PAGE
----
"Well, yeah they've been out of service for years."

"Ah—what?"

"Everyone knows that."

"Oh." I didn't think it'd be common knowledge just yet, but she was probably there at the council when I said Bidjza was go--

Several years?

"It's been out of service for several years," I said.

"Well, yeah. You know, no longer fighting and all that jazz. You didn't know that?"

"No, they're gone."

"That's what I said."

"As in there's only one Bidjzan left on the face of the planet."

The teen with his brown, blank eyes. I didn't know if he was the only one left alive, but I didn't see any others that survived that... massacre.

Escaira stared at me. "What do you mean?"

"Gone! All the buildings, gone! All the people, gone and blown up into pieces and gone! That's what I mean by gone, as in there's none left."

Escaira kept on staring and blinking.

"And I... I killed them all..."

I shook and lost my balance, falling to the white tiled floor with an ungraceful thud. Oh, my god, I've killed hundreds of people. How in the world could I do that to someone, anyone? When did I get the right to do that?

"What are you talking about?" Escaira asked.

"Weren't you there when I was talking about it?" I slurred. My hands were shaking. It almost felt as if I was back in the mud and grime and rain.

"I'm on vacation."

"Va... vacation?" Aren't they in the middle of a freaking battle or something like that? Why in the world was she on vacation? "There was a meeting that I was forced to go to, and I told everyone that Bidjza was just wiped off the face of the planet!"

With wobbly knees, I managed to get to my feet again.

"I really doubt that," Escaira said.

"But it's true!"

"I don't think some big, comeuppers are going to be able to take out a nation that's been around for eras." Well, at least she knew about the Tuanans. Too bad it didn't seem as though she understood how fucking dangerous they were.

"But they did! I saw them with my own eyes!"

"And next thing you'll be telling me is that Casso Cancia is at the front gates with their stupid shotguns, ready to raid the city."

"Huh??" What the hell was she talking about?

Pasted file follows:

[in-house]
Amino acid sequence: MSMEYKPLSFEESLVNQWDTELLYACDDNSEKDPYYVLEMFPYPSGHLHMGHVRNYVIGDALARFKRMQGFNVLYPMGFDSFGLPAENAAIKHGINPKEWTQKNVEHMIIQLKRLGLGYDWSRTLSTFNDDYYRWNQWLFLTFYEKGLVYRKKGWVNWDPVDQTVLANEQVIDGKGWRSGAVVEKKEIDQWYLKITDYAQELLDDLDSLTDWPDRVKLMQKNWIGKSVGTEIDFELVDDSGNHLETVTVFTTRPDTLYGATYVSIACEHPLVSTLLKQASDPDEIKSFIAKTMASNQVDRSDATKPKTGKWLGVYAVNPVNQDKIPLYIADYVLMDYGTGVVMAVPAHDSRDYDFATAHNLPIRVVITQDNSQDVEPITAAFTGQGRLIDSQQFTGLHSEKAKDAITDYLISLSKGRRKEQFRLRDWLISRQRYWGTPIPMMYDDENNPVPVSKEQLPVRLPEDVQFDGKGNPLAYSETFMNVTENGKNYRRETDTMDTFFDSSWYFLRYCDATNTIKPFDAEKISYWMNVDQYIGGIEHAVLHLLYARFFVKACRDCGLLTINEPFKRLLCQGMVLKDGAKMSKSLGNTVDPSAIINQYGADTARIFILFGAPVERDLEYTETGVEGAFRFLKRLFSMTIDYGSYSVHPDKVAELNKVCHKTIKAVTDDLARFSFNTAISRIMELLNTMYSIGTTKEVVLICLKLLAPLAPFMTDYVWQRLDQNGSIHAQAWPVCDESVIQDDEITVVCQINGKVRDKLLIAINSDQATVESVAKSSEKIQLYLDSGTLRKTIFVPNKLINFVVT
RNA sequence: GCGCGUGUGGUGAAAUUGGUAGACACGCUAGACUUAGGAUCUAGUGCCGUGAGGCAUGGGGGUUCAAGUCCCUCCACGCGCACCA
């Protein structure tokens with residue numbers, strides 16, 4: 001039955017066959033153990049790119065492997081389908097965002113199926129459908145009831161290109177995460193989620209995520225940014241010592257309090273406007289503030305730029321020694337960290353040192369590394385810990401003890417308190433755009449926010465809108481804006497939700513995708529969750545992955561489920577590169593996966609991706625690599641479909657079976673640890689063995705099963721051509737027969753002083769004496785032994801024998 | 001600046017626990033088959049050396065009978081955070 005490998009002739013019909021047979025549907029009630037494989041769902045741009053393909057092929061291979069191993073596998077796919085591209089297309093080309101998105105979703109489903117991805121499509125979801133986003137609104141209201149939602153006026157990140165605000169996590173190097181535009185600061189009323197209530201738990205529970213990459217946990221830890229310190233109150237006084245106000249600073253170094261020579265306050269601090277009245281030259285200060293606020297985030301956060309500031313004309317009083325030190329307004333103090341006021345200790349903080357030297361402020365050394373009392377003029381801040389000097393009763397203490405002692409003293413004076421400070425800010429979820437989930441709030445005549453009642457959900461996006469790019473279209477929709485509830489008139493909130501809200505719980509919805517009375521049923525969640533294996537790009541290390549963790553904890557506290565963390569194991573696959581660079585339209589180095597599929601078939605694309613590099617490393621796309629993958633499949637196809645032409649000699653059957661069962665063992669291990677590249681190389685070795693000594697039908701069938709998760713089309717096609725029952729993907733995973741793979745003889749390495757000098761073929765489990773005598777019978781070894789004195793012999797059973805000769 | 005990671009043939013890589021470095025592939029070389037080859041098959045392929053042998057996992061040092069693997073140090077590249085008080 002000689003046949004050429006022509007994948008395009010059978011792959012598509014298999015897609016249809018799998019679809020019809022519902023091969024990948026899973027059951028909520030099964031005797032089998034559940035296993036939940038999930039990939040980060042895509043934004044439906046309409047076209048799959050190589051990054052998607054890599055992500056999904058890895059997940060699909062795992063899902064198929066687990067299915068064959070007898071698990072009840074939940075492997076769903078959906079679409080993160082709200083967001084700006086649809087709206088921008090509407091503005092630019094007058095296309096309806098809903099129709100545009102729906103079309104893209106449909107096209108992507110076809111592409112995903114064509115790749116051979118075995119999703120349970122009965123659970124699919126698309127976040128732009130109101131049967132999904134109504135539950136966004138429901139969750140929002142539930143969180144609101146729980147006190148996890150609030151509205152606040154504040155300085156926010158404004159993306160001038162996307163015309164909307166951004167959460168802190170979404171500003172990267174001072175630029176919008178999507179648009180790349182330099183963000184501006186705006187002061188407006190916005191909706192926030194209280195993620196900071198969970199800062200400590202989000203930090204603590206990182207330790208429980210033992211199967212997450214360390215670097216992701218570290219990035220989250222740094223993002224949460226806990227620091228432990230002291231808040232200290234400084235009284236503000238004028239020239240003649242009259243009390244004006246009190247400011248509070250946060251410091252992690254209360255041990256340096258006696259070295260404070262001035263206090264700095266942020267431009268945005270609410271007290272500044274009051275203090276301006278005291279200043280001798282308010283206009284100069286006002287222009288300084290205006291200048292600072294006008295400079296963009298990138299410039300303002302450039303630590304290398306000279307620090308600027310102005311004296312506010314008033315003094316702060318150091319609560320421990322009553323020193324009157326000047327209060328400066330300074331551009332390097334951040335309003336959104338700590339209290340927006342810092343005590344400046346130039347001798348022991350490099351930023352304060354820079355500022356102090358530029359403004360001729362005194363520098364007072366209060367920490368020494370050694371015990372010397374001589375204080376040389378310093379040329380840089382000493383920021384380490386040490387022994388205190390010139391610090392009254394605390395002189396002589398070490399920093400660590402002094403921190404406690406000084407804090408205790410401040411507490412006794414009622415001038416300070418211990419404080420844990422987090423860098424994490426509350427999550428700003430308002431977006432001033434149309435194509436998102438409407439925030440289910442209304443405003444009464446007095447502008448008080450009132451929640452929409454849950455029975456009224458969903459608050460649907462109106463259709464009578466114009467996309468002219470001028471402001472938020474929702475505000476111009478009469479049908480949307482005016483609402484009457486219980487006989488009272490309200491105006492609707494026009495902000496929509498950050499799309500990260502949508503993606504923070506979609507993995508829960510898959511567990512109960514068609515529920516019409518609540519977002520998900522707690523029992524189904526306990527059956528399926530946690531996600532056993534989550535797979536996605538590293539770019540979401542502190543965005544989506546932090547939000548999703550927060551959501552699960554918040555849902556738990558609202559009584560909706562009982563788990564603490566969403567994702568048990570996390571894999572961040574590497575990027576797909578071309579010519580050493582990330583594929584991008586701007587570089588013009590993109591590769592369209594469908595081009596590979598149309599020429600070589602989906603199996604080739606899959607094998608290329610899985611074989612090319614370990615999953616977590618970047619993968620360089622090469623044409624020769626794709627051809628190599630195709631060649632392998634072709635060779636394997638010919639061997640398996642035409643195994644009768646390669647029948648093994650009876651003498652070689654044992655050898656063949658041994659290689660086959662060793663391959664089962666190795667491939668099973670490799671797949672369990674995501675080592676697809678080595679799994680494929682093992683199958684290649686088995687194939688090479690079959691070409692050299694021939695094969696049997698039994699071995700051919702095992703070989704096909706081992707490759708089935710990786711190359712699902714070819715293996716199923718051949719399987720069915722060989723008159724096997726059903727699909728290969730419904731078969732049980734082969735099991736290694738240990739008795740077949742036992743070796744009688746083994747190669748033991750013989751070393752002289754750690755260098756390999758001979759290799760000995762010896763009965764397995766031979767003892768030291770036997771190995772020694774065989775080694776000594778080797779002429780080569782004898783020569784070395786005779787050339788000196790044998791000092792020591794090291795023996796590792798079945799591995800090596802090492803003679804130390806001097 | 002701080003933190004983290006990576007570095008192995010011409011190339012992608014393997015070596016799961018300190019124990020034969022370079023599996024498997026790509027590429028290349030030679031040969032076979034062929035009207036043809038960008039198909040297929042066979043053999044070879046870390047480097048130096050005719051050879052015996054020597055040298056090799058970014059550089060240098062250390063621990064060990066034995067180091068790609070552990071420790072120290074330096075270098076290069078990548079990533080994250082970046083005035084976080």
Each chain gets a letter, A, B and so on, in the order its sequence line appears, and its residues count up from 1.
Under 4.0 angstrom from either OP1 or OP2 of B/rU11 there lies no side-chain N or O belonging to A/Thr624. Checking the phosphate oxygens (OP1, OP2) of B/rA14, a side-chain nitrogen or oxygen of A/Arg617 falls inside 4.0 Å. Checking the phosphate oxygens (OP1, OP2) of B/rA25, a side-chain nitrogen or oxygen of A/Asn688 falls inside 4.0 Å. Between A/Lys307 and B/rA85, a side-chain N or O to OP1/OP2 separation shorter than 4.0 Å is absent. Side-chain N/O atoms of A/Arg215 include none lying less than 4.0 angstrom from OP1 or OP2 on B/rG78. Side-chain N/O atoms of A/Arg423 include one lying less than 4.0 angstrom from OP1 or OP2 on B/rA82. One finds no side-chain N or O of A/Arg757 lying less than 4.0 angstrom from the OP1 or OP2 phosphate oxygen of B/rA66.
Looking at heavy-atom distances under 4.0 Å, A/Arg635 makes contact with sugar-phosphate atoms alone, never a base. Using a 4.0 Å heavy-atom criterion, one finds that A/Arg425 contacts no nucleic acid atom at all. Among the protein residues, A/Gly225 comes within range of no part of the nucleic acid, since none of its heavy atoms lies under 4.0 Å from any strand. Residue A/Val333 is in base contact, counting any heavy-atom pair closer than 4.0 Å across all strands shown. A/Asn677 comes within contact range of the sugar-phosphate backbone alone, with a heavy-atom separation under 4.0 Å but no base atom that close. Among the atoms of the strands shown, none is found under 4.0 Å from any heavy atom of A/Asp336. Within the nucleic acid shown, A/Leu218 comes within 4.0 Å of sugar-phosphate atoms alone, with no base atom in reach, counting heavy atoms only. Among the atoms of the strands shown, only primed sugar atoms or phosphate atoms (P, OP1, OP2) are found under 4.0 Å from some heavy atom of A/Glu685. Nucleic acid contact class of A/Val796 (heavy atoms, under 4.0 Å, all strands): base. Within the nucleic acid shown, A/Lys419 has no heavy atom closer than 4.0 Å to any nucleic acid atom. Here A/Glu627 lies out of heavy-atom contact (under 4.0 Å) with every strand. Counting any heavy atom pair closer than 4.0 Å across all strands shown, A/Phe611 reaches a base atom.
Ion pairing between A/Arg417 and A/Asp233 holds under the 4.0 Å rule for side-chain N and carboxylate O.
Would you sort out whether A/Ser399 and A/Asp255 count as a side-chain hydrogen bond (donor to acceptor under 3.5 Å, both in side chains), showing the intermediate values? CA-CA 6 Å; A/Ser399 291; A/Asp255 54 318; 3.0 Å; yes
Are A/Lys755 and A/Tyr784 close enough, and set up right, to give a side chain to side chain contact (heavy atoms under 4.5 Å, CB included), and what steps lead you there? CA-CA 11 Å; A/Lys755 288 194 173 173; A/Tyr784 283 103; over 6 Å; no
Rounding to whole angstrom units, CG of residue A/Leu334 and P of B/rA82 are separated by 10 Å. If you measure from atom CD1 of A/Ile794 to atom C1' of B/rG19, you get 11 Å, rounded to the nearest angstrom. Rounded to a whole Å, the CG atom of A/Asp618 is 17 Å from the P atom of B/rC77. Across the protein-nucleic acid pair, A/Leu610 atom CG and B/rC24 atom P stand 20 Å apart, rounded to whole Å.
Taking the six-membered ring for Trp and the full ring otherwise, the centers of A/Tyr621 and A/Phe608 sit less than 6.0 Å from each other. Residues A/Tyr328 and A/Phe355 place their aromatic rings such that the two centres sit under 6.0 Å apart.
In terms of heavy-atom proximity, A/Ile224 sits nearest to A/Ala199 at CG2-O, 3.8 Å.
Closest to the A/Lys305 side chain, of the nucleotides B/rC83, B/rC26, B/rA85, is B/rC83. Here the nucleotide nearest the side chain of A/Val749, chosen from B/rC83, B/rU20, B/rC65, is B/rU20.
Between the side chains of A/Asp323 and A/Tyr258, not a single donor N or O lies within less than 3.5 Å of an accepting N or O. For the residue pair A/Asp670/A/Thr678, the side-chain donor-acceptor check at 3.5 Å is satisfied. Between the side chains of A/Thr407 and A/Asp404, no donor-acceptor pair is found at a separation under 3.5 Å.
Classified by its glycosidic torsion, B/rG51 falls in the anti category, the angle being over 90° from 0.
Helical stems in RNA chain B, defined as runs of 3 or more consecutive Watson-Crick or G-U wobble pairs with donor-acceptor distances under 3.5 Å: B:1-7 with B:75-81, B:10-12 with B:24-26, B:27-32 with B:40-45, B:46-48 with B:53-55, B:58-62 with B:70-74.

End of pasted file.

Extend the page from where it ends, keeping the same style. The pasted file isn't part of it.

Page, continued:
Oh, right, those Casso people. Didn't they only minorly damage the council building? And didn't Tuana come in and decimate part of the city? Where the hell do these people's priorities lie?

"Trust me, Tuana is far more dangerous than those Casso people."

"Do you even know who they are?"

"I—"

Well, no, I don't. I haven't heard anything about them except through other people in the council building. Everyone treated them like some disrespectful teenager instead of a rival group. If there's a group that's that unimportant, why are they placing more attention on them instead of on the Tuanans?

"If you don't even know about them, then why are you proclaiming that Tuana is more dangerous than they are?"

"Because of the way you guys just disregard what Casso-whatever does! You guys don't spend any attention on them!"

"Whatever Casso Cancia has done is far worse than what Tuana's done to us. Ergo, why do we have to worry about them?"

Well...

She does have a point. I don't know what the Casso group has done, but maybe they've already stormed the gates and failed miserably, so Belda knows that their gate-protection system worked. Maybe what they do is much more effective than what Tuana can do.

"Shouldn't you still, you know, keep an eye on them or something like that?"

"We're probably already doing that. There's nothing you really need to worry about. Now, just head on back to the council building and leave all the leadership stuff to those who're more informed, okay?"

Even though it was rude and condescending enough, I left her stupid electronics store, making a mental note in my mind to stay away from Escaira in the future.